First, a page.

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Growing social awareness 'helping alternative venues to thrive'


Oct 22, 2010 | Editors

The growing importance of corporate social responsibility (CSR) to companies is driving event organisers away from hotels and to alternative venues, according to Dawn O'Keefe.

Ms O'Keefe is the chief executive of Shine, an award-winning conference and meetings venue located in Harehills, Leeds, which opened in September 2008.

Although Shine has all of the top facilities that event organisers are looking for in a five-star hotel, the venue is actually a community interest company. This means that 91 per cent of the profits of the Yorkshire venue are re-invested in supporting entrepreneurs in some of the most deprived neighbourhoods in Leeds.

When it first opened, many of the organisations making use of the venue were in the public sector, but this is gradually changing, Ms O'Keefe said.

Thanks to the increased awareness of CSR, many large private organisations are looking at using community spaces as a way to help the communities they operate in, she suggested.

"They are looking at different ways that they can give back and one of those ways is by trading with social enterprises like ourselves, where we reinvest profits," she stated.

Many businesses, banks and organisations Ms O'Keefe has spoken to have told her that they are also becoming tired of hotel venues and instead want a conference centre with a sense of uniqueness.

"They are looking for something different, they are looking for somewhere to be inspired [and] they are looking for a creative space where people can start thinking outside the box," she explained, adding that Shine often fits their needs.

"We're not formal and stuffy. We don't have carpets everywhere. It's very light - it's high-quality wood and glass - and it's quite quirky because the rooms are named after the old school rooms."

In fact, the venue even features its own tuck shop, where visitors can gorge on sweets and chocolate, and there is also a chemistry lab, complete with white coats.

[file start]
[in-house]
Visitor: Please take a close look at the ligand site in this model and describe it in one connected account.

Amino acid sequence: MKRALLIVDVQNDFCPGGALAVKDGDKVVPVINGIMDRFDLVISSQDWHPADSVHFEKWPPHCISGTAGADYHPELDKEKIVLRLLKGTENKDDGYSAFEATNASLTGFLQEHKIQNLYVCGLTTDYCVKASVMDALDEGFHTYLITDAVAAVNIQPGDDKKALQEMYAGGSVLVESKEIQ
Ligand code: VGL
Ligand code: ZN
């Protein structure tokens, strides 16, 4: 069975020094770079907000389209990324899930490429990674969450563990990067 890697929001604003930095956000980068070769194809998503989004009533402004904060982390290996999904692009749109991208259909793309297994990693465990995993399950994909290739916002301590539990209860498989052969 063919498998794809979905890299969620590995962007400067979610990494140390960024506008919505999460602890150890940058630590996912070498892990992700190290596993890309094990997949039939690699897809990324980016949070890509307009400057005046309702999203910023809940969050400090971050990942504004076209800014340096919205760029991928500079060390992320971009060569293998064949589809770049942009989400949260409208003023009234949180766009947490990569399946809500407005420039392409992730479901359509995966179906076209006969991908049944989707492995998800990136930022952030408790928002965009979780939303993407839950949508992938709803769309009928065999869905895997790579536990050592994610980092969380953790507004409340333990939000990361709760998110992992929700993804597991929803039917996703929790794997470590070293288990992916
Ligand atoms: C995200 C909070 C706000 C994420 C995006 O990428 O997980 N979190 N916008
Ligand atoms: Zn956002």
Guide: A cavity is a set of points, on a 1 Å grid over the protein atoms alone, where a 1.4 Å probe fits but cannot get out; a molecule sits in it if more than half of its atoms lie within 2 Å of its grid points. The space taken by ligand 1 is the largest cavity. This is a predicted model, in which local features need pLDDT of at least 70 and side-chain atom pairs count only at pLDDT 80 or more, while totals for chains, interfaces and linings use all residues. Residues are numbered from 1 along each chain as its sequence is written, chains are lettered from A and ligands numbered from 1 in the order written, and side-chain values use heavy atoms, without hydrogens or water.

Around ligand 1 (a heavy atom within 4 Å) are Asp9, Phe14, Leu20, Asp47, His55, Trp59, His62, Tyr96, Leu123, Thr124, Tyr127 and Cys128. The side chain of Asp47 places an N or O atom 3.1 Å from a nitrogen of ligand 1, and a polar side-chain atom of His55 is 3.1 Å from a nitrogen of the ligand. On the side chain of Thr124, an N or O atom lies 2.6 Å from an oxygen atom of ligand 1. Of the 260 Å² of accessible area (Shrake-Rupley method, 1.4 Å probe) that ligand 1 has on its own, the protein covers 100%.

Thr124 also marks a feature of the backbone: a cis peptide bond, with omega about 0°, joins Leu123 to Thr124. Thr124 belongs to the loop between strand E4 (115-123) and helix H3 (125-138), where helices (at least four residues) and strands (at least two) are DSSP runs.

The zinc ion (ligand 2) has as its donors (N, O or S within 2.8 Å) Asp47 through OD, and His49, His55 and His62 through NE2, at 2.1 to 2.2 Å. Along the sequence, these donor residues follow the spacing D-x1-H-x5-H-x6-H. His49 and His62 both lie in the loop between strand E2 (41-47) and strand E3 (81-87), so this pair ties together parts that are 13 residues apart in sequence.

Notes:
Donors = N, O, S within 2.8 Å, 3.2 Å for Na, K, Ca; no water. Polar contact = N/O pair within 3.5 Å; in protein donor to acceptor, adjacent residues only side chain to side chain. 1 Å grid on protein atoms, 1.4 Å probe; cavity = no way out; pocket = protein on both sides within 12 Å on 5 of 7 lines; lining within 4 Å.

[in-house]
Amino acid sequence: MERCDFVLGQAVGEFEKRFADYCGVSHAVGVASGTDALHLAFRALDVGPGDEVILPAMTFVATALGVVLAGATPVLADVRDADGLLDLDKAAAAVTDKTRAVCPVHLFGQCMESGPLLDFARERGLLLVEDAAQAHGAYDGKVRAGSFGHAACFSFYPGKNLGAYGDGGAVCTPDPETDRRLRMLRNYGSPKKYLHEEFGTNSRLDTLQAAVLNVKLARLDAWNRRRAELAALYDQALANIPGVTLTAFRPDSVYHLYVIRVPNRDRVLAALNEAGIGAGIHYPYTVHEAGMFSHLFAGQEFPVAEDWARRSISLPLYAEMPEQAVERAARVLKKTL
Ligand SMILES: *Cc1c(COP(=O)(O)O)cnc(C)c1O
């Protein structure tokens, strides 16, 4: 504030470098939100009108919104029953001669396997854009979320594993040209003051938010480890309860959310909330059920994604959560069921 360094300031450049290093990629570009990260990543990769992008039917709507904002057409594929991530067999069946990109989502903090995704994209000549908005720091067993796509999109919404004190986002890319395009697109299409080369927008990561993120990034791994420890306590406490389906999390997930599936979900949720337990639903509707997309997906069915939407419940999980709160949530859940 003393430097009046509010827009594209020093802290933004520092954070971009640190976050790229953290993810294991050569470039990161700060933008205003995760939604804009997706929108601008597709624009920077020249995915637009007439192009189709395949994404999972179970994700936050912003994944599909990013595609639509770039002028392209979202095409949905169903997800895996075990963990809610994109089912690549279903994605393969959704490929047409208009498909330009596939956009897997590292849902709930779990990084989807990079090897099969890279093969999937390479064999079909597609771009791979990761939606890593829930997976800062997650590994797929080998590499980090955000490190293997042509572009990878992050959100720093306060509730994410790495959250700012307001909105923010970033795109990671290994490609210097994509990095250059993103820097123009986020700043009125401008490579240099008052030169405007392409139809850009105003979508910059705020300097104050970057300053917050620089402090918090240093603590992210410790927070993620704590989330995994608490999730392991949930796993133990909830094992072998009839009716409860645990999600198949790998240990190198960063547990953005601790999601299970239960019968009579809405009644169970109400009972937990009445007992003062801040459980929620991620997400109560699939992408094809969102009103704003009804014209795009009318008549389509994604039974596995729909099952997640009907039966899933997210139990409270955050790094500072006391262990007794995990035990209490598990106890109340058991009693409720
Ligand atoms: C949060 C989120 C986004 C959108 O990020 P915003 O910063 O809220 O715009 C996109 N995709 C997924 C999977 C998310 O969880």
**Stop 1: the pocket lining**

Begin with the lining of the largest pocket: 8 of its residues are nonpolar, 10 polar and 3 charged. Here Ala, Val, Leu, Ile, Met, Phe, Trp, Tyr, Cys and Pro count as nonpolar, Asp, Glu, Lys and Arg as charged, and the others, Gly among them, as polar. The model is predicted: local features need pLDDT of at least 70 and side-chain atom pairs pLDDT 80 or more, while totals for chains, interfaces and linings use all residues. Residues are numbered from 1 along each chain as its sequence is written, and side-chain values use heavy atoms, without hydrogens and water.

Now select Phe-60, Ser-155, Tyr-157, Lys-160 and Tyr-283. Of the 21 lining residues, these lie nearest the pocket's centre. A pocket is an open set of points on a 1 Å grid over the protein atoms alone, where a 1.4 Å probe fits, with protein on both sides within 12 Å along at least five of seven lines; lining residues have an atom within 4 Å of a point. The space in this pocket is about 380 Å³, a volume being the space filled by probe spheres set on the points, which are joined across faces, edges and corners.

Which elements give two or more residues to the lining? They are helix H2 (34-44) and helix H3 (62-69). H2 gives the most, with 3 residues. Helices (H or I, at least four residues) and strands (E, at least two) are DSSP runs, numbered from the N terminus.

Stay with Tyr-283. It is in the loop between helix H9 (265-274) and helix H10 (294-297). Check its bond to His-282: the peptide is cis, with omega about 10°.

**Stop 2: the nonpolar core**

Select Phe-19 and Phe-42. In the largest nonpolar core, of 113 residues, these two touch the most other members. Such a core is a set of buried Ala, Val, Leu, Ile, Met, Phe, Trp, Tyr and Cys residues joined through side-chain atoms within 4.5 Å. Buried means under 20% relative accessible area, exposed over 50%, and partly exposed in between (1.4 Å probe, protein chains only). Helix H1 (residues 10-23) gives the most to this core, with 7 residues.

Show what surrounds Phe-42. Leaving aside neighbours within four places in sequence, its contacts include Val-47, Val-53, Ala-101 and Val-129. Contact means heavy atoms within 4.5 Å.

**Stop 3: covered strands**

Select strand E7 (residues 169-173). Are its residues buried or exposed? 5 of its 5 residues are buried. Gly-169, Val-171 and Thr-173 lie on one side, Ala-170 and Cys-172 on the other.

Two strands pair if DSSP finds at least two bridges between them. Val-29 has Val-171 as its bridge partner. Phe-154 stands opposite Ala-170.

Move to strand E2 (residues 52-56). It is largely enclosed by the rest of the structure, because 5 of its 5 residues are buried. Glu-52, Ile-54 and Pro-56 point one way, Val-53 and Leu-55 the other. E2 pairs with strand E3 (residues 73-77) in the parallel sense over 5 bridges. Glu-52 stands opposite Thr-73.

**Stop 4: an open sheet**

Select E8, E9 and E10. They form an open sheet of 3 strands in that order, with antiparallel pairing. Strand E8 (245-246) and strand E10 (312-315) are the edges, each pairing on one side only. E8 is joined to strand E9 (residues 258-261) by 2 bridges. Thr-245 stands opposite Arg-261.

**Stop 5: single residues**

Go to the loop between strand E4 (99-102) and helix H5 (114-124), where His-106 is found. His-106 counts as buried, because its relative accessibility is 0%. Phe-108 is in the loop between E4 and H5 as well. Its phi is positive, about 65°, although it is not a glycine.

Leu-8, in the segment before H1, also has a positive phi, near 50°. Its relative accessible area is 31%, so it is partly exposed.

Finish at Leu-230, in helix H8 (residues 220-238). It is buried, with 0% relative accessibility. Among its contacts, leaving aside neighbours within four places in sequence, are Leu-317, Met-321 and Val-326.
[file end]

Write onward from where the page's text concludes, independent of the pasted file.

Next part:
"So it's something that's a little bit different from your average hotel," she said.

Despite all its quirkiness, the venue, which is located in a busy residential area, is also equipped with the latest conference and exhibiting equipment.

"In terms of our facilities, we have free wireless broadband, sound systems, laptops, hearing loops and all the things you would expect in a top-notch conference centre," Ms O'Keefe said.

There are 18 different rooms in Shine, which can cater for everything from a two-person meeting to a 140-person conference to a 200-person tradeshow, product launch or party.

The fully-licensed venue has its own catering facilities, providing offerings from sandwiches to five-course dinners, she said, adding that the venue also caters for those with specific dietary requirements.

Thanks to its roots in the community, Shine is also able to offer entertainment options. It works closely with local performance groups, including dance and drumming troupes, to ensure that companies can enjoy unique corporate entertainment.

Although, it's still early days for the venue, Ms O'Keefe is feeling optimistic about its future.

"We have been impacted by the recession and haven't grown as quickly as we would have liked," she explained.

"But, we are going in the right direction. We are growing and we're getting a lot more interest each month."
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